Attention is Essential for Most Learning and Memory (page 2)
Information taken directly from the environment, such as the light cast by a sparkler, doesn’t last very long no matter what we do. But we can preserve a memory of it by encoding it in some minimal way—for instance, by interpreting a sparkler’s curlicue tail as the letters Jea. The first step in this process is attention: Whatever people pay attention to (mentally) moves into working memory. Information in the sensory register that doesn’t get a person’s attention typically disappears from the memory system.
Paying attention involves directing not only the appropriate sensory receptors (in the eyes, ears, fingertips, etc.) but also the mind toward whatever needs to be learned and remembered. Imagine yourself reading a textbook for one of your classes. Your eyes are moving down each page, but meanwhile you are thinking about something altogether different—a recent argument with a friend, a high-paying job advertised in the newspaper, or your growling stomach. What will you remember from the textbook? Absolutely nothing. Even though your eyes were focused on the words in your book, you weren’t mentally paying attention to the words.
Children, too, often have trouble keeping their attention on a task at hand.
Unfortunately, people can attend to only a very small amount of information at any one time. In other words, attention has a limited capacity. For example, if you are in a room where several conversations are going on at once, you can usually attend to—and therefore can learn from—only one of those conversations. If you are sitting in front of the television with your textbook open in your lap, you can attend to the Friends rerun playing on the TV screen or to your book, but not to both simultaneously. If you are preoccupied in class with your instructor’s ghastly taste in clothing and desperate need for a fashion makeover, you will have a hard time paying attention to the content of the instructor’s lecture.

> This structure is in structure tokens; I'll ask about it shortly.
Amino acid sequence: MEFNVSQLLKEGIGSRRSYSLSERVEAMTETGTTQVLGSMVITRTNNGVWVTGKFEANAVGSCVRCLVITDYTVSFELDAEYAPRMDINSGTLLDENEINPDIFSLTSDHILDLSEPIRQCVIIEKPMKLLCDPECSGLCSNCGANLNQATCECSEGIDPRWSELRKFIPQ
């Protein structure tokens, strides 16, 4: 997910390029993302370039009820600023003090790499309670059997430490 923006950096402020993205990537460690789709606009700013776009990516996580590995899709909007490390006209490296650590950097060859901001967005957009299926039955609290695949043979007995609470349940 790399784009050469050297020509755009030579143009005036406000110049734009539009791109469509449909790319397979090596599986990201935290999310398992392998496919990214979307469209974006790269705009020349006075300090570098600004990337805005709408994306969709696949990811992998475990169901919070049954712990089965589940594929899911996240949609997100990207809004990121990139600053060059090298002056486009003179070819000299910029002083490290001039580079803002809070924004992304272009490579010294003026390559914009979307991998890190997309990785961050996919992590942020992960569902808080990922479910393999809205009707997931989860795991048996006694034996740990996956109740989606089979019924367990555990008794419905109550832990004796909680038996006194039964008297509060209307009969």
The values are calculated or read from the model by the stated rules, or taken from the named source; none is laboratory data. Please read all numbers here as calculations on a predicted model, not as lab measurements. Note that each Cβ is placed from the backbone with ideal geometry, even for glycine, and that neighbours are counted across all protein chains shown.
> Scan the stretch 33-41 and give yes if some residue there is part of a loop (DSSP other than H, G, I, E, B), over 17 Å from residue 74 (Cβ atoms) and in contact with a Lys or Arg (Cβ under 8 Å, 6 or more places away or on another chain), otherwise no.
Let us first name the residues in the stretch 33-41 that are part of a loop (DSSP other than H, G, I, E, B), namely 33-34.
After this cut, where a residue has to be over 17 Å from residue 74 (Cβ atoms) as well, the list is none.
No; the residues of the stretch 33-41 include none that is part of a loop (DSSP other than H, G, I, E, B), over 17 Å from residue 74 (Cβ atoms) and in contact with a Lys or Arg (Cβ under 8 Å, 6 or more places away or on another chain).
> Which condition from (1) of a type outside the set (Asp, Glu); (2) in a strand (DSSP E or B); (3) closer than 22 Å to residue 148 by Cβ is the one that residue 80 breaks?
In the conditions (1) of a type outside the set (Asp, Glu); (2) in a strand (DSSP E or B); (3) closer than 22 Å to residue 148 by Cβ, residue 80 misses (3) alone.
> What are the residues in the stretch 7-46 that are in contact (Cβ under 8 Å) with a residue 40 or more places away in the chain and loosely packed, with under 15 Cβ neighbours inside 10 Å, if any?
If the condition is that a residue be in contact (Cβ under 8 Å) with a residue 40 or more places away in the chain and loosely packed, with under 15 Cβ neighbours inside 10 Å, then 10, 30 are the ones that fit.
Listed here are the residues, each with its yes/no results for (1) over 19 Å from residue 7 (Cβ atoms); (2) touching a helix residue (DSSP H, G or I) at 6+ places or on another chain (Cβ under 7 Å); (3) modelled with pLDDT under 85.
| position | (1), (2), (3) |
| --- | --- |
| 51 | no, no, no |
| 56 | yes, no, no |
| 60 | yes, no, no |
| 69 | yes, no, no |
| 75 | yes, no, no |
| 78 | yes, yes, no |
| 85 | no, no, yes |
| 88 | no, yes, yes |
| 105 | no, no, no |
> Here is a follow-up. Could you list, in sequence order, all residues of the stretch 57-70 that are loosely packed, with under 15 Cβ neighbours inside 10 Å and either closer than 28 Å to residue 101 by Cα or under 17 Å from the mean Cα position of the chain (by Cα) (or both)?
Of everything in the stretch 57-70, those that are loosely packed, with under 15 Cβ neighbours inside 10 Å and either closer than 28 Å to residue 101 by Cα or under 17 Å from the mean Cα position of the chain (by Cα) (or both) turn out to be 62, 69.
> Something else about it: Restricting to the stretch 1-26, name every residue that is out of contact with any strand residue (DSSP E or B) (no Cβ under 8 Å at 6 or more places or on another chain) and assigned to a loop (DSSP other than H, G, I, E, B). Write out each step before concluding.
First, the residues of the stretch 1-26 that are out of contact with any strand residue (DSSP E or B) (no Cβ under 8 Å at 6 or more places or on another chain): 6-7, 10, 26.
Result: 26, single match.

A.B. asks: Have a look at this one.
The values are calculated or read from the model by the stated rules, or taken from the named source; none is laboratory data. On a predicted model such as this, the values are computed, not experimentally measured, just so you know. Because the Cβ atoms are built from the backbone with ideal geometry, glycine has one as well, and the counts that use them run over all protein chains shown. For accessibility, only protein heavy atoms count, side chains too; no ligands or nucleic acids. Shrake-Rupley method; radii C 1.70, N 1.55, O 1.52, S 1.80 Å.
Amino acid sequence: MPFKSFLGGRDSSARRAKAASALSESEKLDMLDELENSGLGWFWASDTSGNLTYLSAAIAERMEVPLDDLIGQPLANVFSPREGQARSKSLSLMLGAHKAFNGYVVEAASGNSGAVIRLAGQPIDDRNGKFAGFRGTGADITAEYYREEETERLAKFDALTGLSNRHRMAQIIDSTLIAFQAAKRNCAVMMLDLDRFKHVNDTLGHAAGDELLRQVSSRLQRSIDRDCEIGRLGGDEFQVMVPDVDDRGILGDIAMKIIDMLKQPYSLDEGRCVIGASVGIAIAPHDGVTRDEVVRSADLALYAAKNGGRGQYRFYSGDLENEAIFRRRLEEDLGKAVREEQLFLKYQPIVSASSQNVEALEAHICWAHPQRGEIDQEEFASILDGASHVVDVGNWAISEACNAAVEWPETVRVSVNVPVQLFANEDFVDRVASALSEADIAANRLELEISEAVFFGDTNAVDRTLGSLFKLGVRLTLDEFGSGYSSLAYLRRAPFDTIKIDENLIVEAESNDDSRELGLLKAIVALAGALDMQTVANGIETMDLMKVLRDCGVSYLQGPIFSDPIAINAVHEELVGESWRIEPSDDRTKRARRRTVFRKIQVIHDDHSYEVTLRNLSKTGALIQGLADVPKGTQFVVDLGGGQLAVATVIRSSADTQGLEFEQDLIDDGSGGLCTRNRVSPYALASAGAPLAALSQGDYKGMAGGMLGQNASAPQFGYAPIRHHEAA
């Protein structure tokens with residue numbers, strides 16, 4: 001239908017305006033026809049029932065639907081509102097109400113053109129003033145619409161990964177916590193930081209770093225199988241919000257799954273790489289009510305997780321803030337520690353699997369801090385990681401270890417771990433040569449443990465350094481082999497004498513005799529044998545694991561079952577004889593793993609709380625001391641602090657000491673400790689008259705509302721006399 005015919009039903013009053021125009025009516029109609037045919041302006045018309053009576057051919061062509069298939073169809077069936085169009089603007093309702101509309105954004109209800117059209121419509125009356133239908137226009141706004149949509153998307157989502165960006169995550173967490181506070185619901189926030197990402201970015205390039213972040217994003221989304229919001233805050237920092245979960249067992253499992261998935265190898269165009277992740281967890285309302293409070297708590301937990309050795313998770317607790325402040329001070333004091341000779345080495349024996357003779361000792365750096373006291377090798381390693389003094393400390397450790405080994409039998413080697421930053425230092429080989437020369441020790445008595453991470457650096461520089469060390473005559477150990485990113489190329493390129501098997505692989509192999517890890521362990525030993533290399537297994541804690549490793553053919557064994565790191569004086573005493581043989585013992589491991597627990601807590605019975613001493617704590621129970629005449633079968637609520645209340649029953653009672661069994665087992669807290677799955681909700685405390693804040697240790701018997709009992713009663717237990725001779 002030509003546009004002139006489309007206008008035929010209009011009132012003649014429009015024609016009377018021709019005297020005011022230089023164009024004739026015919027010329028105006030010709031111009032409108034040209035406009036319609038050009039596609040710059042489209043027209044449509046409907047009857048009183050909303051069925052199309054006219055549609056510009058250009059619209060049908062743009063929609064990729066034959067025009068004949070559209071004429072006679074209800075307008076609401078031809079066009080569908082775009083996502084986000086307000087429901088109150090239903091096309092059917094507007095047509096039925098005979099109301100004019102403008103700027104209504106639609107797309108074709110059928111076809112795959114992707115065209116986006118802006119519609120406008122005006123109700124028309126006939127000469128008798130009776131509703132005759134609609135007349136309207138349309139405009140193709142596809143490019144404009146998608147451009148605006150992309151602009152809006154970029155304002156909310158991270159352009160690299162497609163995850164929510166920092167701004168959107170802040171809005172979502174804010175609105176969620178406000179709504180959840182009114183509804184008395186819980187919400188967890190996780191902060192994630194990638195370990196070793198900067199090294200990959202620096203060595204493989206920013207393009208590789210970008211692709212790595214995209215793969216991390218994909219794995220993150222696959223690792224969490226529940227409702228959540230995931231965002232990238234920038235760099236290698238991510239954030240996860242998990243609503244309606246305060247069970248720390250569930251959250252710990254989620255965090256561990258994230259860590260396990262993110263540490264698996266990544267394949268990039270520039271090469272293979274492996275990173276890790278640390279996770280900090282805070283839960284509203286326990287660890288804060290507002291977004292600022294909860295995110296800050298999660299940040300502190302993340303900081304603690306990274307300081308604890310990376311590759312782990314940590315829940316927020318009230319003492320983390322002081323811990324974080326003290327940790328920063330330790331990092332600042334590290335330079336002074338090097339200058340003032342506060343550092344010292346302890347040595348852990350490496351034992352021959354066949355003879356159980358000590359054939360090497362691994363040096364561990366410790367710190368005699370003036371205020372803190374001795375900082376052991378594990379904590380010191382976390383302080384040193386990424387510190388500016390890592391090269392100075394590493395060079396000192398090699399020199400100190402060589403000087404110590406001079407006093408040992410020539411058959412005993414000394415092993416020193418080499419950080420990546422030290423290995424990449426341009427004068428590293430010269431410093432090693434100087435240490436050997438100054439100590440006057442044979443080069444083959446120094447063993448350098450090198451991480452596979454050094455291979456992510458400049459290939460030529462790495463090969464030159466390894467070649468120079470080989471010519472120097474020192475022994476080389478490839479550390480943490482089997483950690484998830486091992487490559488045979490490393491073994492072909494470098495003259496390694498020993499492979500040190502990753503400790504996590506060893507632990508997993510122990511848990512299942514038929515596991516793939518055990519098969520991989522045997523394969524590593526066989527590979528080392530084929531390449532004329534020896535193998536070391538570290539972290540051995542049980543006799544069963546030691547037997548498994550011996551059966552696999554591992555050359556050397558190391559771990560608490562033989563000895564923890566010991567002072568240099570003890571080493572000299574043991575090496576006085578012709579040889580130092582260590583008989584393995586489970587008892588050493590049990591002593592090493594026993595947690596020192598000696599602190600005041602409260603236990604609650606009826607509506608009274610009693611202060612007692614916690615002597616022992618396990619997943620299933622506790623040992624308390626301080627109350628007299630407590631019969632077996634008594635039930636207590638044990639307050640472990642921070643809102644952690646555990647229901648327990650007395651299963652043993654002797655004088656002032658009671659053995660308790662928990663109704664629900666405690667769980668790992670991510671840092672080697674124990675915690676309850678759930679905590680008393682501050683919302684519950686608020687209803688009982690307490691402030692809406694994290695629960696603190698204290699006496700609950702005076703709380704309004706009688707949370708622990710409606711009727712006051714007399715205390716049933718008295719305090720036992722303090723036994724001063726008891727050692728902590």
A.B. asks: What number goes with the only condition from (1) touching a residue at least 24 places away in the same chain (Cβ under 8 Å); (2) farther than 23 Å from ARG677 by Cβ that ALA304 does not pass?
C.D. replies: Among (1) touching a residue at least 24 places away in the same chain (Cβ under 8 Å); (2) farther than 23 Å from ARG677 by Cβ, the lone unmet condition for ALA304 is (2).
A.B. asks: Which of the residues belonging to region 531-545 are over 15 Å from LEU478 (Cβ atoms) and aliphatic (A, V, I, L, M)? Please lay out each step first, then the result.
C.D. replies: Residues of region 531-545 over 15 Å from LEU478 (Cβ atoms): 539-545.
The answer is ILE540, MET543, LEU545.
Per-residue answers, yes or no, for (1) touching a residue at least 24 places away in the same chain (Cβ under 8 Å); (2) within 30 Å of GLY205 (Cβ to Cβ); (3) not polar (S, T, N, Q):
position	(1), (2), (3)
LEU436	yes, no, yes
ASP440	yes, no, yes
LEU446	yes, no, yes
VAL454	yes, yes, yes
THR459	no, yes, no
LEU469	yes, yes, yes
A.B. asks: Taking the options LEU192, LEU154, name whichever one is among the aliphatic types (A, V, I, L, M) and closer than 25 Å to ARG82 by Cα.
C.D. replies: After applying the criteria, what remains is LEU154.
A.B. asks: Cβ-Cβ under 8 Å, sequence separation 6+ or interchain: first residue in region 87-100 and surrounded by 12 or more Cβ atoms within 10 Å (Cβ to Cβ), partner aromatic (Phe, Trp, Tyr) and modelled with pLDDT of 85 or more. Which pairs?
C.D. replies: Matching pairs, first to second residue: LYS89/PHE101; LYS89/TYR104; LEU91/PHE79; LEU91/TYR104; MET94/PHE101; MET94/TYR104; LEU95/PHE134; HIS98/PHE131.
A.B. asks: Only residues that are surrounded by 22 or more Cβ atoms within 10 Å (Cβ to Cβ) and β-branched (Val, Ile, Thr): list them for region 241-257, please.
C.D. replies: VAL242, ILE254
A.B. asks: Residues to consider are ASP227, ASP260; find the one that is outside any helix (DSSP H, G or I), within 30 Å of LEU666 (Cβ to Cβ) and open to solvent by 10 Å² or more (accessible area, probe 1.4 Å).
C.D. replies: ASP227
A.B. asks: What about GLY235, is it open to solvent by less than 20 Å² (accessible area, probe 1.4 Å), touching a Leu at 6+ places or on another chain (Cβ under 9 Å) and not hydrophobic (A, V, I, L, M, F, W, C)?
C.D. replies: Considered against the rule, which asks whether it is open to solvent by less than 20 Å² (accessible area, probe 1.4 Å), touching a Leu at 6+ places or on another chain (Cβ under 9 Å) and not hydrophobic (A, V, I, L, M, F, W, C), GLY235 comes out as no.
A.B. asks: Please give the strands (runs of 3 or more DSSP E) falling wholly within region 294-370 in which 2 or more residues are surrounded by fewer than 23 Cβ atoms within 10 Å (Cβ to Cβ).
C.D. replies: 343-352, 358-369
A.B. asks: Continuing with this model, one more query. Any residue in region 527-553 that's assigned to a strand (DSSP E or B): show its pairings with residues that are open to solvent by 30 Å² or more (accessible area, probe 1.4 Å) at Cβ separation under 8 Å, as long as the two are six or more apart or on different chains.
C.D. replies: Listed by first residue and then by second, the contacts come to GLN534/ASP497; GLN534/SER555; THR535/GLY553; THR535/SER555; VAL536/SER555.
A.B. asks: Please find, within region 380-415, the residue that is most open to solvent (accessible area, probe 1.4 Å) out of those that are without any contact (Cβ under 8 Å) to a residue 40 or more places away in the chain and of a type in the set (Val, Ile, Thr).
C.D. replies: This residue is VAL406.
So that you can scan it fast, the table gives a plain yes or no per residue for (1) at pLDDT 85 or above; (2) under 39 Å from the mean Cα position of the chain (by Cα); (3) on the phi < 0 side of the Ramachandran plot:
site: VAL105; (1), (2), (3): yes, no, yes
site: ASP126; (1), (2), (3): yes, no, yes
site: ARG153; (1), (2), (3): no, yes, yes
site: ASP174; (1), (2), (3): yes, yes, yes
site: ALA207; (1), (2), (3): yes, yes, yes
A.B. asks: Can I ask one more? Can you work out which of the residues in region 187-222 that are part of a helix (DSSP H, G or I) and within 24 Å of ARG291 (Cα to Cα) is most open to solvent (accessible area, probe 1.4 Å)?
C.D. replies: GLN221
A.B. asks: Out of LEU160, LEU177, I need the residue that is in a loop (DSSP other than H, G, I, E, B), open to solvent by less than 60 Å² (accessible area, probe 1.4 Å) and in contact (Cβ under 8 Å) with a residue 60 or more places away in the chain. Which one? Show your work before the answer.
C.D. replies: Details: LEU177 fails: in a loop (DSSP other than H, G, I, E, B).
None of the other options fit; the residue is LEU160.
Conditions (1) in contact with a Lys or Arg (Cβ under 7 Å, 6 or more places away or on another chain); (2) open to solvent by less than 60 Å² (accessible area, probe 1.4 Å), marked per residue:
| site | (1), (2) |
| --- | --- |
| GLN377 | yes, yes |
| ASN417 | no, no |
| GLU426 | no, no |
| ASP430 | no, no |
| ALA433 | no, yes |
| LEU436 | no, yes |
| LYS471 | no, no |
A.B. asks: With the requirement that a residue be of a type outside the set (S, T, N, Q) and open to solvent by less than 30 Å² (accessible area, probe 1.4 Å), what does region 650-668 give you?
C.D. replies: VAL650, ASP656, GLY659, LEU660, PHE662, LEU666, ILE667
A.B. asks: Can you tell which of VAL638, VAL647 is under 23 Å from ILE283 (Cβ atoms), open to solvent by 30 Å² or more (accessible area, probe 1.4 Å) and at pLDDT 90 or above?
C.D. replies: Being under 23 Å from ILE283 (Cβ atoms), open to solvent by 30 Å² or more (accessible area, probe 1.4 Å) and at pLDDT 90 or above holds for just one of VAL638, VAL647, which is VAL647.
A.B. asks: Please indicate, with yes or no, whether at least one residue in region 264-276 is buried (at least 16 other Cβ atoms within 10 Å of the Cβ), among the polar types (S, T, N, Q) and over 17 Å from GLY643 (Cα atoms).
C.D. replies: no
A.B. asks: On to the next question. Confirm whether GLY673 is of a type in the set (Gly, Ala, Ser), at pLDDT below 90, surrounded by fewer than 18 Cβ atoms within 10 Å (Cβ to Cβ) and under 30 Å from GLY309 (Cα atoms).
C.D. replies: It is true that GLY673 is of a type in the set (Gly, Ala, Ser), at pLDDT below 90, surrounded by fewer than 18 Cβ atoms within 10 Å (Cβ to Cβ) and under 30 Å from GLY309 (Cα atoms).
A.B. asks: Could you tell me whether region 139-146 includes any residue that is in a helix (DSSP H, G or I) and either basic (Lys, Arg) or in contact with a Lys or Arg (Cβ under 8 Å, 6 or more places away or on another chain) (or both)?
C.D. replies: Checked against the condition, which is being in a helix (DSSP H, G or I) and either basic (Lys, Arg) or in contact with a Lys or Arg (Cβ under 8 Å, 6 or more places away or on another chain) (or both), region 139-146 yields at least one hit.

Exactly how limited is the limited capacity of human attention? People can often perform two or three well-learned, automatic tasks at once. For example, you can walk and chew gum simultaneously, and you can probably drive a car and drink a cup of coffee at the same time. But when a stimulus or event is detailed and complex (as is true for both textbooks and Friends reruns) or when a task requires considerable thought (understanding a lecture and driving a car on an icy mountain road are examples of tasks requiring one’s utmost concentration), then people can usually attend to only one thing at a time.
Learners must be selective about what they focus on and learn. Now we see the reason why: Attention has a limited capacity, allowing only a very small amount of information stored in the sensory register to move on to working memory. The vast majority of information that the body initially receives is quickly lost from the memory system, much as we might quickly discard most of that junk mail we receive every day.
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